May 2008
Volume 8, Issue 6
Free
Vision Sciences Society Annual Meeting Abstract  |   May 2008
Auditory-visual interactions in a patient with bilateral occipital lobe lesions
Author Affiliations
  • Stephen R. Arnott
    CIHR Group for Action and Perception, Department of Psychology, The University of Western Ontario, London, Canada
  • Jonathan S. Cant
    CIHR Group for Action and Perception, Department of Psychology, The University of Western Ontario, London, Canada
  • Gordon N. Dutton
    Royal Hospital for Sick Children, Glasgow, UK
  • Kevin G. Munhall
    Department of Psychology, Queen's University, Kingston, Canada
  • Melvyn A. Goodale
    CIHR Group for Action and Perception, Department of Psychology, The University of Western Ontario, London, Canada
Journal of Vision May 2008, Vol.8, 168. doi:10.1167/8.6.168
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      Stephen R. Arnott, Jonathan S. Cant, Gordon N. Dutton, Kevin G. Munhall, Melvyn A. Goodale; Auditory-visual interactions in a patient with bilateral occipital lobe lesions. Journal of Vision 2008;8(6):168. doi: 10.1167/8.6.168.

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      © ARVO (1962-2015); The Authors (2016-present)

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Abstract

MC is a 38-yr old right-handed female who, apart from some sparing in rostral calcarine cortex, has suffered extensive bilateral hypoxic ischemic cortical damage encompassing her occipital cortices extending dorsally into the temporal lobe bilaterally and the right posterior parietal cortex. Conventional perimetry demonstrated some preserved visual motion perception in her upper left quadrant, but no detection of static stimuli. Despite the extensive damage in visual areas, MC's auditory system is intact. Accordingly, MC was tested on several studies in order better understand the interaction between auditory and visual perception. 1) For instance, although MC was better than chance at indicating whether a silent video contained a face that was talking or nodding (i.e., she appeared to detect mouth motion), this information did not influence her auditory perceptual identity of spoken words (i.e., no McGurk effect), nor did it help her identify speech sounds presented in background noise. 2) Interestingly, in an auditory noise burst localization task, visual transients presented in MC's upper right visual quadrant were associated with slower response times to sounds relative to when no transients were present. In contrast, visual transients presented in her upper left visual quadrant were associated with faster response times relative to when no transients were present. 3) Finally, although MC showed a marked inability to perceive material properties of objects (e.g., textures) through vision, she had no problem carrying out a similar auditory task that involved discriminating dynamic sounds of various manipulated materials (e.g., crumpling paper, plastic, styrofoam, or aluminum foil) from scrambled versions of these sounds as well as from non-verbal human vocalizations. Functional magnetic resonance imaging (fMRI) in this study demonstrated that her material-properties auditory ability relied on regions in the right parahippocampus and posterior middle temporal areas bilaterally.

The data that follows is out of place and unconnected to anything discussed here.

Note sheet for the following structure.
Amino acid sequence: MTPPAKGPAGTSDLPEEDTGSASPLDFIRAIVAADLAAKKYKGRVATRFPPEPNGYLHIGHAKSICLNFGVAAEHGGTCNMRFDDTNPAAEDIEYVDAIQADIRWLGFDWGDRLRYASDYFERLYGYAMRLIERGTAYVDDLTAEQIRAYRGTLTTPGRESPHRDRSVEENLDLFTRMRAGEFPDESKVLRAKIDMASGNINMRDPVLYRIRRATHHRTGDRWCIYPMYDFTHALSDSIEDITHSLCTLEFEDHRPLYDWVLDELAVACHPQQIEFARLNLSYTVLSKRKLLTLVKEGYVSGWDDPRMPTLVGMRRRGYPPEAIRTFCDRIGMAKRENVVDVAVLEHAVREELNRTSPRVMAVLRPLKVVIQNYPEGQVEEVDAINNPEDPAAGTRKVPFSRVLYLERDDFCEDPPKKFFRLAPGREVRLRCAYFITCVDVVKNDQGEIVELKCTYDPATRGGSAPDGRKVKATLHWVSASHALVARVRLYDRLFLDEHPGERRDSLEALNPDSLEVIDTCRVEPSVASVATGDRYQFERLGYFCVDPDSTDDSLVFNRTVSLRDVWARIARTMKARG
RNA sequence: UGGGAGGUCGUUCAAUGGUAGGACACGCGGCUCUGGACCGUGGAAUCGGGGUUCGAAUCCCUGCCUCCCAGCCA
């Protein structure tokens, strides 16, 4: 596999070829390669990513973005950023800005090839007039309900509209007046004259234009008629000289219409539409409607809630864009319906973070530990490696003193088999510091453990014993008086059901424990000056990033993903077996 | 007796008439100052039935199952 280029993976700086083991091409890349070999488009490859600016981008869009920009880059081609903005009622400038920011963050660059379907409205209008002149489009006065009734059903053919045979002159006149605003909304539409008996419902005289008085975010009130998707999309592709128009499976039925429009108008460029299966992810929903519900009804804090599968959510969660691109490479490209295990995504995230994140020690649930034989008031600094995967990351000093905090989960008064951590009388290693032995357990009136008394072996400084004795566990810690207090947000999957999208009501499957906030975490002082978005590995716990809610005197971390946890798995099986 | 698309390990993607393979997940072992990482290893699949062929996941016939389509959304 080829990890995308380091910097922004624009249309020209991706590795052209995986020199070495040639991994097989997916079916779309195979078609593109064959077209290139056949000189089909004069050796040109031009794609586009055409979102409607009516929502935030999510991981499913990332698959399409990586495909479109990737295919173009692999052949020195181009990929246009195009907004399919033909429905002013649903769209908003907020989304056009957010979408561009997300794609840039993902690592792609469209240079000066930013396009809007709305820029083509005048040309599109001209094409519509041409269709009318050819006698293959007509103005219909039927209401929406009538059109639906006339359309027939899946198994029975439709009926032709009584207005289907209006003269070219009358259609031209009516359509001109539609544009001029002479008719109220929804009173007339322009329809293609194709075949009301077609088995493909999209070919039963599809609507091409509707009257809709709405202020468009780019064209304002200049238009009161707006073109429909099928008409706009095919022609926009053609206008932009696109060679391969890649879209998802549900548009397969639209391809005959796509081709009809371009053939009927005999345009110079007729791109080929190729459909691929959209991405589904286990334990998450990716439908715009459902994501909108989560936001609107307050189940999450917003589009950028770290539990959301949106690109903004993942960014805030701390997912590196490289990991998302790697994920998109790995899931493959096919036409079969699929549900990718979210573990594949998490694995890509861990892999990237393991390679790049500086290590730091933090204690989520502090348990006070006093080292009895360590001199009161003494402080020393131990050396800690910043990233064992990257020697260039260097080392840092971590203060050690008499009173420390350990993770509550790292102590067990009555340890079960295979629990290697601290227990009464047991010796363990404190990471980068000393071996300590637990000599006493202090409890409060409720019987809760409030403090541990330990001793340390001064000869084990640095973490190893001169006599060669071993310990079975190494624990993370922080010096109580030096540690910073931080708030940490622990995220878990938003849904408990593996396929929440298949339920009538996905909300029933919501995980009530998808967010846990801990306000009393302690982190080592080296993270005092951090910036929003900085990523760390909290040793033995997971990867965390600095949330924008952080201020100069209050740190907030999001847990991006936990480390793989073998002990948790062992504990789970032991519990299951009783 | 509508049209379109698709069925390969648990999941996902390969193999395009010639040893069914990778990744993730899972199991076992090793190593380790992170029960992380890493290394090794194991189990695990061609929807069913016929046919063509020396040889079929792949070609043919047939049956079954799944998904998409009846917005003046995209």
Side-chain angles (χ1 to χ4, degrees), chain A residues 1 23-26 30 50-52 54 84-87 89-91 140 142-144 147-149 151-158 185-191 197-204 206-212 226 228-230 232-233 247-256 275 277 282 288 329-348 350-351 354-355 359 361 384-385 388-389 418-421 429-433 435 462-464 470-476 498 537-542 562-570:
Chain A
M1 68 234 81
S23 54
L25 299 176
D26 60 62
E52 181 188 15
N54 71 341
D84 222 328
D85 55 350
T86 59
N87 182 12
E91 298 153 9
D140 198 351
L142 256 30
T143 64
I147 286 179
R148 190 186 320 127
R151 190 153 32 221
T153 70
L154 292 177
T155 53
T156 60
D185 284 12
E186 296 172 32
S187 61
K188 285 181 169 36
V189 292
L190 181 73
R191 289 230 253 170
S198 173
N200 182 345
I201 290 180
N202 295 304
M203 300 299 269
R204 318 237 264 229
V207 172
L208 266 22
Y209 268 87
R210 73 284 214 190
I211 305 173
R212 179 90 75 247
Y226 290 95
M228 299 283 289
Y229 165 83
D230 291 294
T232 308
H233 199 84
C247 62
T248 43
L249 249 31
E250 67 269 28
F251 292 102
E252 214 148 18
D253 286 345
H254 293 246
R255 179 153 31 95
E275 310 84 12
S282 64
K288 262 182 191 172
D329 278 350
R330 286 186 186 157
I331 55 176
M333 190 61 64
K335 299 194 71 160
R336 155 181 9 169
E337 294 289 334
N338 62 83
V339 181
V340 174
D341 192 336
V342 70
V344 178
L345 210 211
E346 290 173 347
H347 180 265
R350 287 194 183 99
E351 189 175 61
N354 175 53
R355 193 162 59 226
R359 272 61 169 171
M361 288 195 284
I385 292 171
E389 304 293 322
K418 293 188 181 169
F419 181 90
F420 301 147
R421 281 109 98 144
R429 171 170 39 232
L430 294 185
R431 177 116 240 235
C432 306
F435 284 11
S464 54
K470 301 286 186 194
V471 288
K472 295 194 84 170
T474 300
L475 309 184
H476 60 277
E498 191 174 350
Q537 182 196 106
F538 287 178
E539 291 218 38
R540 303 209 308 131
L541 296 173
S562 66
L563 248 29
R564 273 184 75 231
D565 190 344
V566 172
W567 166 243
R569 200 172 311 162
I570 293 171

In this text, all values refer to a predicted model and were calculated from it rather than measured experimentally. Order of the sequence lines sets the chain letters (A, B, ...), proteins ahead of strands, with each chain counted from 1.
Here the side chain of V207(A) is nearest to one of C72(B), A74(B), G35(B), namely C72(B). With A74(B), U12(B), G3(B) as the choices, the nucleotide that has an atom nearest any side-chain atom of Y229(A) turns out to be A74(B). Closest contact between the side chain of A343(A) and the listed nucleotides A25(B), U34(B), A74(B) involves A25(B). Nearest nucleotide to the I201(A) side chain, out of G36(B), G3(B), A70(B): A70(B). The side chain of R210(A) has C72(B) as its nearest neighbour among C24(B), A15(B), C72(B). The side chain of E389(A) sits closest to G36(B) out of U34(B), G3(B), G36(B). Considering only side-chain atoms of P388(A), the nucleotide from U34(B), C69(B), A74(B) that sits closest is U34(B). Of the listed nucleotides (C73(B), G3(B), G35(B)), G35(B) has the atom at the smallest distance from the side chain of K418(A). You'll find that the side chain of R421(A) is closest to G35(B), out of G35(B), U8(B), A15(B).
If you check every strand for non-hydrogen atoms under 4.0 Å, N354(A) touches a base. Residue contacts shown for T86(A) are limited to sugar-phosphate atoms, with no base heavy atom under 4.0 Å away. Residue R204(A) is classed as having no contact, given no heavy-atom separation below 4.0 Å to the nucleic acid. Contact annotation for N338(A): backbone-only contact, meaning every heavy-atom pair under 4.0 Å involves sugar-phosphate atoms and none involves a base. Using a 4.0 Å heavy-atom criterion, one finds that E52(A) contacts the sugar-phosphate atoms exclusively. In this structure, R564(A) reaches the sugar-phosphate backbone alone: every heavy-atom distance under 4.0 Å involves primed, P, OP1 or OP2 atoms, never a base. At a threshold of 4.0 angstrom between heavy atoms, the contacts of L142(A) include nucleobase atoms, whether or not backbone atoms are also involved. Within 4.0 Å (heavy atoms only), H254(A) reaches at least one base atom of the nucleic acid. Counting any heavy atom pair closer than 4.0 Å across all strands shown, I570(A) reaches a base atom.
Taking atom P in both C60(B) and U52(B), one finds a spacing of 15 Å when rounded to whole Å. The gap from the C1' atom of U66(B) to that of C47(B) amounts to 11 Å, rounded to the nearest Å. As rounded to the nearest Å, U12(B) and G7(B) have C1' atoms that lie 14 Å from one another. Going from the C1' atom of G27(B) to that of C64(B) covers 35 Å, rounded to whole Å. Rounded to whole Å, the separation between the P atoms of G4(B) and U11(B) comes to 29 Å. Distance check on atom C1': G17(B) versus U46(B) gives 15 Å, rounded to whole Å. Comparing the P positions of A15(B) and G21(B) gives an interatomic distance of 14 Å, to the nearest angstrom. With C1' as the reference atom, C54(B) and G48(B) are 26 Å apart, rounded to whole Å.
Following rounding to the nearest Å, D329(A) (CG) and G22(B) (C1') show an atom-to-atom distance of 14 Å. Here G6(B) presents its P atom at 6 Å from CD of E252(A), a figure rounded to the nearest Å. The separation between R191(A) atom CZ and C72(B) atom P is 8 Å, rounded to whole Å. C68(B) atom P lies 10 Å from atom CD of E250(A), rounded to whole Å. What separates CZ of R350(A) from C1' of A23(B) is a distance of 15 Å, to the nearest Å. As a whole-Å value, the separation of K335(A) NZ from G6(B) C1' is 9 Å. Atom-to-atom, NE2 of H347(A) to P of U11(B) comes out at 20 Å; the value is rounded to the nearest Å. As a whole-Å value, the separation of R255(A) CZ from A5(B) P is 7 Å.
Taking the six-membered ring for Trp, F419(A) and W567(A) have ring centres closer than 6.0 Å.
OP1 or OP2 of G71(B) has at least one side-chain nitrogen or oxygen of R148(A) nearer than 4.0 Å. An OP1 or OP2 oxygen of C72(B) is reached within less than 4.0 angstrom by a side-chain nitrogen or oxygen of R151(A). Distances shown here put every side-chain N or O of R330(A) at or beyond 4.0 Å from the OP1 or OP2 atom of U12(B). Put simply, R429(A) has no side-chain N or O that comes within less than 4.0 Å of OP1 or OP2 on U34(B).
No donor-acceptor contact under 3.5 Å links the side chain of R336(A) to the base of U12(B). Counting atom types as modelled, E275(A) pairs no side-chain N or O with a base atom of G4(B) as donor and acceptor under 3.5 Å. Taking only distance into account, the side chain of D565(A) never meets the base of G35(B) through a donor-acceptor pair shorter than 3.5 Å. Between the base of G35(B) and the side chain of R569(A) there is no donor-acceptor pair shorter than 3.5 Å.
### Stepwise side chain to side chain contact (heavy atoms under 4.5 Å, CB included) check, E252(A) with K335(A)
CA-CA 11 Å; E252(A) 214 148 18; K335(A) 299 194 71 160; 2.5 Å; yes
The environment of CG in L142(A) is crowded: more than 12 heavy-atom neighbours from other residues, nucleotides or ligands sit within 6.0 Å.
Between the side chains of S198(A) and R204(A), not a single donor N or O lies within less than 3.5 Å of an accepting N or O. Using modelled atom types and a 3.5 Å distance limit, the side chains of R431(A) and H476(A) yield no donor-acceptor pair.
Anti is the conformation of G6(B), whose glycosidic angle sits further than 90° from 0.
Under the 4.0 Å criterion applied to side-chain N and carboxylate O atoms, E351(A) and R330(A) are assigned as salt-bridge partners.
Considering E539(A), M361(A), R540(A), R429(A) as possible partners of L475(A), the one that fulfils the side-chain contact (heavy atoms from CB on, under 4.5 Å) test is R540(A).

Arnott, S. R. Cant, J. S. Dutton, G. N. Munhall, K. G. Goodale, M. A. (2008). Auditory-visual interactions in a patient with bilateral occipital lobe lesions [Abstract]. Journal of Vision, 8(6):168, 168a, http://journalofvision.org/8/6/168/, doi:10.1167/8.6.168. [CrossRef]
Footnotes
 Supported by grants from the Canadian Institutes of Health Research.
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